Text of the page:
To the extent that we do target the funds to a particular type of project or funding proposal, how if at all, should we modify our evaluation criteria? How should we modify the application to accommodate these types of targeted funding proposals? For example, should any steps be undertaken to adjust applications for satellite systems that provide nationwide service, but are primarily intended to provide access in remote areas and other places not served by landline or wireless systems? Are there any other mechanisms the agencies should be exploring to ensure remaining funds have the broadest benefit? How might the agencies best leverage existing broadband infrastructure to reach currently unserved and underserved areas? Are there practical means to ensure that subsidies are appropriately tailored to each business case? For example, should the agencies examine applicant cost and revenue estimates, and adjust the required match accordingly? Could elements of an auction-like approach be developed for a particular class of applications or region? If so, how would the agencies implement such an approach in a manner that is practical within program constraints and timeliness?

B. Program Definitions.

Section III of the NOFA describes several key definitions applicable to BIP and BTOP, such as “unserved area,” “underserved area,” and “broadband.”9 These definitions were among the most commented upon aspects of the NOFA.

For example, a number of applicants have suggested that the definitions of unserved and underserved are unclear and overly restrictive; that they kept many worthy projects, particularly those in urban areas, from being eligible for support; that there was insufficient time to conduct the surveys or market analyses needed to determine the status of a particular census block area; and that they discouraged applicants from leveraging private investment for infrastructure projects. In what ways should these definitions be revised? Should they be modified to include a specific factor relating to the affordability of broadband service or the socioeconomic makeup of a given defined service area, and, if so, how should such factors be measured? Should the agencies adopt more objective and readily verifiable measures, and if so, what would they be? How should satellite-based proposals be evaluated against these criteria?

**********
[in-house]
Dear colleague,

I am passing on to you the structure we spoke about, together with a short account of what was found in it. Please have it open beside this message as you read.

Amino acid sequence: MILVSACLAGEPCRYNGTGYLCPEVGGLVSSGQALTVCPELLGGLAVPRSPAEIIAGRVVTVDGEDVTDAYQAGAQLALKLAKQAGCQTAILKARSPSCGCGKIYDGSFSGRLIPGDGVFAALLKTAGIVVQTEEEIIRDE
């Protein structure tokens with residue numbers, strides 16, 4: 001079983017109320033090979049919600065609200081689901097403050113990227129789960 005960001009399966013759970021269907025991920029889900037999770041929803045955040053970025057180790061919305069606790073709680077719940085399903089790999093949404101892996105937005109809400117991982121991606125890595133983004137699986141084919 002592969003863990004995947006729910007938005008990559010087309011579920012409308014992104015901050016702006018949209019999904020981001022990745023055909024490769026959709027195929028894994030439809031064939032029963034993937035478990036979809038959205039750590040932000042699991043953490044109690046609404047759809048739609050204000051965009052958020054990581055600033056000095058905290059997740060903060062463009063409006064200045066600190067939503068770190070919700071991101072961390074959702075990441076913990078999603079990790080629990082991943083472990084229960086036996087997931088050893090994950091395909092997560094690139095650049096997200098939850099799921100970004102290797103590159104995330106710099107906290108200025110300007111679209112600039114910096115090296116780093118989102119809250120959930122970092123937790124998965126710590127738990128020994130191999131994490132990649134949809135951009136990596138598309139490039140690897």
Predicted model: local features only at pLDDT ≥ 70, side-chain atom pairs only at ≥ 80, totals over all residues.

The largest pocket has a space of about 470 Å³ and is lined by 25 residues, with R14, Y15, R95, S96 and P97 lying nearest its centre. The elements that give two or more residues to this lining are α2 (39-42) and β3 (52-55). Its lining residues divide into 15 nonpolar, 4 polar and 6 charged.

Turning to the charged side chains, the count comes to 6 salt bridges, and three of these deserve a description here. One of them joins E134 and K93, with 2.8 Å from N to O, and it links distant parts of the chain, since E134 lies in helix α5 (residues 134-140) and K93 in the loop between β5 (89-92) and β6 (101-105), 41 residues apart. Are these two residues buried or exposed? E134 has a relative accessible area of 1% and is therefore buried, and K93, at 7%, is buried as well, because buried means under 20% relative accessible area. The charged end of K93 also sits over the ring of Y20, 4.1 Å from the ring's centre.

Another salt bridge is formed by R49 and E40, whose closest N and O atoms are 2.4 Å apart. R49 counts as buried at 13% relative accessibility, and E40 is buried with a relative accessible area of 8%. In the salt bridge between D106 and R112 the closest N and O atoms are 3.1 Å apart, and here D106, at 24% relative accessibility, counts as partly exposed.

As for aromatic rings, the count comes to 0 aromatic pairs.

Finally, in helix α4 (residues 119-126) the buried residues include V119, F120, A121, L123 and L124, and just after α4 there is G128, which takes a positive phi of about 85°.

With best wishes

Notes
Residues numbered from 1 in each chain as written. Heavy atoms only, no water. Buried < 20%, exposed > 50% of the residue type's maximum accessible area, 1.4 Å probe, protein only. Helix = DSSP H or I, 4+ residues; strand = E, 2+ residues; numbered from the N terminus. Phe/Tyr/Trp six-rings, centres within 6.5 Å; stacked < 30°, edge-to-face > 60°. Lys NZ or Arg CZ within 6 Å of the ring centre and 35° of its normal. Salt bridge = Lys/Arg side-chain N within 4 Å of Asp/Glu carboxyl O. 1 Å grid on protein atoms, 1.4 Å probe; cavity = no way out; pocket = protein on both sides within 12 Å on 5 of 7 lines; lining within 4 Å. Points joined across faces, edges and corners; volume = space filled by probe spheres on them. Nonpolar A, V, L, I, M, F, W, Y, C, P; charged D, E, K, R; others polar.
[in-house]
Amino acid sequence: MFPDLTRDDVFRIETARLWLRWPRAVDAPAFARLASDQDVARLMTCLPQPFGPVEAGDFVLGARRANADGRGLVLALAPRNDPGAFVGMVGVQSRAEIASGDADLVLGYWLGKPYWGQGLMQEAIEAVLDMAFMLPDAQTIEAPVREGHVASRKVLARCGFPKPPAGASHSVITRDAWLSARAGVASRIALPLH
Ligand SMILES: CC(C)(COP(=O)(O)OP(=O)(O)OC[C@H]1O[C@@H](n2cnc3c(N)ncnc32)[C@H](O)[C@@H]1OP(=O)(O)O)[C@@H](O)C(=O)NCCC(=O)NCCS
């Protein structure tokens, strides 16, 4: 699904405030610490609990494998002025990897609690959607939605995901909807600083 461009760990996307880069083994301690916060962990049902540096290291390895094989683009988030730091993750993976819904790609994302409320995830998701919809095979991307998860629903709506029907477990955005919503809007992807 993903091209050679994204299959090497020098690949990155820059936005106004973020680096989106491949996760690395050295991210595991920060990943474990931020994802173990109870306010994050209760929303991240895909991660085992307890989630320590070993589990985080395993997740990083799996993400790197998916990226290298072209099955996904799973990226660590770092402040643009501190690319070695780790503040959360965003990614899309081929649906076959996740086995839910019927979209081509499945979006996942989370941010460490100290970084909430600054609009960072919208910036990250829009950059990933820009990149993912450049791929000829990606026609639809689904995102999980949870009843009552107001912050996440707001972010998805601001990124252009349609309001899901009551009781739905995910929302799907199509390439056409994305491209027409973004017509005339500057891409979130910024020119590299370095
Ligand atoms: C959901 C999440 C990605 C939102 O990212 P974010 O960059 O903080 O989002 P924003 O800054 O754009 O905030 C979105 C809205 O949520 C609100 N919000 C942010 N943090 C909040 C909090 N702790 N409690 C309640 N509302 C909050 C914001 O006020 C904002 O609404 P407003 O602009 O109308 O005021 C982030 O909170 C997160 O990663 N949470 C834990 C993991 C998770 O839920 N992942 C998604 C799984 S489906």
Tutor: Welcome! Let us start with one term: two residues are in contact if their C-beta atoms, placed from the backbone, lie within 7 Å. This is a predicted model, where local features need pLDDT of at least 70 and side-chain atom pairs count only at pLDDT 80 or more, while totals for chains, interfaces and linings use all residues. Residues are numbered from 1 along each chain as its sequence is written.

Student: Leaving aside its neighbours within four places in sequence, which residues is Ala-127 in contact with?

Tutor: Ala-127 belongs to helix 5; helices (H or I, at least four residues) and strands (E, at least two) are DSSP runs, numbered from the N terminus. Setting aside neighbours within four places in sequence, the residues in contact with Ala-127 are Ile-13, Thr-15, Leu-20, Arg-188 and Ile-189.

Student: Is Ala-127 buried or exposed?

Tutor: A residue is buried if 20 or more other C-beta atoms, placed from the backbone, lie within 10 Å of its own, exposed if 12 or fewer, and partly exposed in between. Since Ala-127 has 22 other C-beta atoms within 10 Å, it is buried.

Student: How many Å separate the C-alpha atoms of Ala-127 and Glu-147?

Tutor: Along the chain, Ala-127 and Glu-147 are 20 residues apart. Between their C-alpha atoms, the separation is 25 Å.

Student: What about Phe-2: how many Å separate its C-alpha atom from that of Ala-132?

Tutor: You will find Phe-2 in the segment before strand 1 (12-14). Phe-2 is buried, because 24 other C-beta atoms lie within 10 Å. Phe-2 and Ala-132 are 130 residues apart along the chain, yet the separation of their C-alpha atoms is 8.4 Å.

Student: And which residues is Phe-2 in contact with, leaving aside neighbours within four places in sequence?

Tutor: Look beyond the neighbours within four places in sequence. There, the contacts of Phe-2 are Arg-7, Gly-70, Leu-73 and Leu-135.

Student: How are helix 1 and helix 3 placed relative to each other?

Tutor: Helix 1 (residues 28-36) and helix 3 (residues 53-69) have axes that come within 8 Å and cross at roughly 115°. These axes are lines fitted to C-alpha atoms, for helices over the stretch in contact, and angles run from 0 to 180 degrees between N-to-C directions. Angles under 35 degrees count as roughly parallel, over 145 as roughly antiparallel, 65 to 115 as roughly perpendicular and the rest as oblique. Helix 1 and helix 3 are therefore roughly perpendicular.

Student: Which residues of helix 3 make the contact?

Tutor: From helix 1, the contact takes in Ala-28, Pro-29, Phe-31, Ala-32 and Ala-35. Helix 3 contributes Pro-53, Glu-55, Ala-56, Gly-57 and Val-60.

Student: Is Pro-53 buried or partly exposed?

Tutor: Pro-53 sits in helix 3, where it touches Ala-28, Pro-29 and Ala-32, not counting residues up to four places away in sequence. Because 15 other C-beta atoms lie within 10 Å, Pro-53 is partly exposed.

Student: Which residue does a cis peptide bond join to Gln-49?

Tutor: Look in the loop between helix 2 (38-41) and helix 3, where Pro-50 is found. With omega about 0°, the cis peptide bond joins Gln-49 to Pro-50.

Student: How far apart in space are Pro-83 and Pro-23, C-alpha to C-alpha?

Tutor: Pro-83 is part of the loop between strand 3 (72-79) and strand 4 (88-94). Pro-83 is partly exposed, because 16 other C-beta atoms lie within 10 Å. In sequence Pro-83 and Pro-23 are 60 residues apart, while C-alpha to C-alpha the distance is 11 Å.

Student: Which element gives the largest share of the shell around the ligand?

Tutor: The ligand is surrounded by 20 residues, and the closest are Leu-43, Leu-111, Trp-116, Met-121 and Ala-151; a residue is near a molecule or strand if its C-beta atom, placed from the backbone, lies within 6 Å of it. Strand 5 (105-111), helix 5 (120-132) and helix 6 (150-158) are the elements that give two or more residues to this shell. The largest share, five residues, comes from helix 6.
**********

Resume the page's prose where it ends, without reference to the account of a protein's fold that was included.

With respect to the definition of broadband, some stakeholders criticized the speed thresholds that were adopted and some argued that they were inadequate to support many advanced broadband applications, especially the needs of large institutional users. Should the definition of broadband include a higher speed and should the speeds relate to the types of projects? Should the agencies incorporate actual speeds into the definition of broadband and forego using advertised speeds? If so, how should actual speeds be reliably and consistently measured?

The NOFA defines “remote area” as an unserved, rural area 50 miles from the limits of a non-rural area.10 The rural remote concept aims to address the prohibitive costs associated with broadband deployment in communities that are small in size and substantially distant from urban areas and their resources. The definition adopted in the NOFA was intended to ensure that the most isolated, highest-cost to serve, unserved communities could receive the benefit of up to 100 percent grant financing. The geographic factor upon which an area was determined to be eligible was its distance from a non-rural area; in this case, 50 miles. RUS heard from many interested parties, including members of Congress, on this definition. Many believed it was overly restrictive, thereby eliminating too many areas that were not 50 miles or more from a non-rural area but were nonetheless a fair distance away and unserved. Comment is requested on the definition of remote area, as well as whether this concept should be a factor in determining award decisions. Should factors other than distance be considered, such as income levels, geographic barriers, and population densities?